"Pavelic LeFlore By /s/ Ray L. LeFlore (A Member of the Firm) Attorneys for Plaintiff."
Several of these papers, including interrogatory responses and a proposed pretrial order, continued to rely upon the allegation of forgery. At trial, the District Court found insufficient evidence to support that contention, and directed a verdict in favor of respondents on that issue. The jury returned a verdict against plaintiff on all remaining claims.
Upon respondents' motion and after a hearing, the District Court imposed a Rule 11 sanction in the amount of $100,000 against Pavelic LeFlore on the ground that the forgery claim had no basis in fact and had not been investigated sufficiently by counsel. Radovan Pavelic moved to relieve the firm of the sanction, contending that (1) the firm did not exist during a major portion of the litigation and therefore was not fully responsible for the Rule 11 violations, and (2) Rule 11 empowers the court to impose a sanction only upon the attorney who signed the paper, not upon that attorney's law firm. The District Court accepted the first contention, and therefore amended its order to shift half of the sanction from the firm to LeFlore. It rejected the second contention, however, concluding that Rule 11 sanctions may be imposed "on both the individual attorney and the law firm on whose behalf he signed the papers." Calloway v. Marvel Entertainment Group, Div. of Cadence Industries Corp., 650 F. Supp. 684, 687 (SDNY 1986).
The Court of Appeals for the Second Circuit affirmed, 854 F.2d 1452, 1479 (1988), thus placing itself in square disagreement with an earlier holding of the Fifth Circuit that Rule 11 authorizes sanctions against no attorney other than the individual lawyer or lawyers who sign court papers, see Robinson v. National Cash Register Co., 808 F.2d 1119, 1128-1130 (1987). We granted certiorari, 489 U.S. 1009 (1989).
We give the Federal Rules of Civil Procedure their plain meaning, Walker v. Armco Steel Corp., 446 U.S. 740, 750, n. 9 (1980), and generally with them as with a statute, "[w]hen we find the terms . . . unambiguous, judicial inquiry is complete," Rubin v. United States, 449 U.S. 424, 430 (1981). The specific text of Rule 11 at issue here is the provision that requires a court, when a paper is signed in violation of the Rule, to "impose upon the person who signed it . . . an appropriate sanction." Thus viewed in isolation, the phrase "person who signed" is ambiguous as to the point before us today. That is not so, however, when it is read in the total context of all the provisions of Rule 11 dealing with the signing of filings. Those provisions (all of Rule 11 except two sentences) are as follows:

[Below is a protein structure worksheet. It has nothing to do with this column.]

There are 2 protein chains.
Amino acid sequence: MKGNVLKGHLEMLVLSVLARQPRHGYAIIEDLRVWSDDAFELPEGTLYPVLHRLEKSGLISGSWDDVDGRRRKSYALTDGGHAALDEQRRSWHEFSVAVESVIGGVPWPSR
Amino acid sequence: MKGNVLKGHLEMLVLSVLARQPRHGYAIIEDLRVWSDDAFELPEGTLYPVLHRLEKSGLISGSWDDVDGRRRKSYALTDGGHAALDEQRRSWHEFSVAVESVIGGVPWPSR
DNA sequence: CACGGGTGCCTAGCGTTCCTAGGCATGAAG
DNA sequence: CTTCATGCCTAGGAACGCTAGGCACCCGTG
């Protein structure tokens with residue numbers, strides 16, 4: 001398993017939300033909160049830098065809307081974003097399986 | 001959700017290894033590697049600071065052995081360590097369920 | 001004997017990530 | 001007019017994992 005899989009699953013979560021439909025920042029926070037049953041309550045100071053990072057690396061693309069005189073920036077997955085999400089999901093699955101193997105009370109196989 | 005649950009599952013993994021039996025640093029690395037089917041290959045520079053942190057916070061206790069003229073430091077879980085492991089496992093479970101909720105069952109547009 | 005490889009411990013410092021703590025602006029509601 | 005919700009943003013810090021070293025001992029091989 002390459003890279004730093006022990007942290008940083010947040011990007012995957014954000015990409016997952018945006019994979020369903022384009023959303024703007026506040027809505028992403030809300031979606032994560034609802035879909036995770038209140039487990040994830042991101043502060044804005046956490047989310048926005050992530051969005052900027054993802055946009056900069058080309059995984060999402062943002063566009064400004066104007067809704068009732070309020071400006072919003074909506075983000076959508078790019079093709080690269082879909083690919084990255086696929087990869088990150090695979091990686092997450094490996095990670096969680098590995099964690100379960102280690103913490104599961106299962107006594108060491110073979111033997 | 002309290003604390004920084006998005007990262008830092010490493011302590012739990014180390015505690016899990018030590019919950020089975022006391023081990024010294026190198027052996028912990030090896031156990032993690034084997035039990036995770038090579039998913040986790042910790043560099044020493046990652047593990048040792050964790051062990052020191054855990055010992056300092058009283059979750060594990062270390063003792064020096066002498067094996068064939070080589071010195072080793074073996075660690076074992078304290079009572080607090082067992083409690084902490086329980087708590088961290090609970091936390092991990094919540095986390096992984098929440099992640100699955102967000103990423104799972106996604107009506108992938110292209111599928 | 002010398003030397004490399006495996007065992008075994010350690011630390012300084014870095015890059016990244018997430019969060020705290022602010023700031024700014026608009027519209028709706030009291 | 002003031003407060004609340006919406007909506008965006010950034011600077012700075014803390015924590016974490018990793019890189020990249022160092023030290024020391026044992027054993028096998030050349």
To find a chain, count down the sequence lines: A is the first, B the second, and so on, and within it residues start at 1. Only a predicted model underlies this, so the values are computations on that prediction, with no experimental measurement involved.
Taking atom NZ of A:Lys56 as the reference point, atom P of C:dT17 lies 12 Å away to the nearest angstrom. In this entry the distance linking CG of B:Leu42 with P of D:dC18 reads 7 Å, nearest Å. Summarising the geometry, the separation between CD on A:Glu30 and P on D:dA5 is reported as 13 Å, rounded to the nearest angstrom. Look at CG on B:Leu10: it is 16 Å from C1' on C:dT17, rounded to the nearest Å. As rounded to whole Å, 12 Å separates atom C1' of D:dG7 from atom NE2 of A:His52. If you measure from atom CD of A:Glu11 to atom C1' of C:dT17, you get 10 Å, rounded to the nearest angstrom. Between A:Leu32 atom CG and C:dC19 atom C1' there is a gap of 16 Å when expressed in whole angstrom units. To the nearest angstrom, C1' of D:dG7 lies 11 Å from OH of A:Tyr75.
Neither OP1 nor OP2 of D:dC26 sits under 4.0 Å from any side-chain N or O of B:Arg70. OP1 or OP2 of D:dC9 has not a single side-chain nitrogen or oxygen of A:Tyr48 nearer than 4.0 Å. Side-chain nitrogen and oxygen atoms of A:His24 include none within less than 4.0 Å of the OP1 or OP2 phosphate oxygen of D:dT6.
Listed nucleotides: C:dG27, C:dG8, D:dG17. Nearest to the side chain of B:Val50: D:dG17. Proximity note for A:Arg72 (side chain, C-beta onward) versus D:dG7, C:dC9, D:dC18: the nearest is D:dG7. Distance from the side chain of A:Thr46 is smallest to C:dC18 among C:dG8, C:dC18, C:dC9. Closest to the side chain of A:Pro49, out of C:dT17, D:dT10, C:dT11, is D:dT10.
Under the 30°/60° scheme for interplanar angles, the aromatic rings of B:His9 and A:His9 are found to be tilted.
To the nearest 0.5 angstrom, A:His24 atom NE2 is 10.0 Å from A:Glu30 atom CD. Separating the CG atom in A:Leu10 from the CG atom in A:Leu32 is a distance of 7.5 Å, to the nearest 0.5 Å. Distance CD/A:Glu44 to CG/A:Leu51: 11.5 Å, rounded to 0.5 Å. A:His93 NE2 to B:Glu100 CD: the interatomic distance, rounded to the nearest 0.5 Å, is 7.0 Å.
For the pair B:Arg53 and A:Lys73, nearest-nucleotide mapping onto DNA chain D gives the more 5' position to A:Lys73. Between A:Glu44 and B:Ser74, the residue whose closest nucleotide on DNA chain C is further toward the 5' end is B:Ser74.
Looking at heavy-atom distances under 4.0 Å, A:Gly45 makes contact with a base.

"Every pleading, motion, and other paper of a party represented by an attorney shall be signed by at least one attorney of record in the attorney's individual name, whose address shall be stated. A party who is not represented by an attorney shall sign the party's pleading, motion, or other paper and state the party's address . . . . The signature of an attorney or party constitutes a certificate by the signer that the signer has read the pleading, motion, or other paper; that to the best of the signer's knowledge, information, and belief formed after reasonable inquiry it is well grounded in fact and is warranted by existing law or a good faith argument for the extension, modification, or reversal of existing law, and that it is not interposed for any improper purpose, such as to harass or to cause unnecessary delay or needless increase in the cost of litigation. If a pleading, motion, or other paper is not signed, it shall be stricken unless it is signed promptly after the omission is called to the attention of the pleader or movant. If a pleading, motion, or other paper is signed in violation of this rule, the court, upon motion or upon its own initiative, shall impose upon the person who signed it, a represented party, or both, an appropriate sanction, which may include an order to pay to the other party or parties the amount of the reasonable expenses incurred because of the filing of the pleading, motion, or other paper, including a reasonable attorney's fee."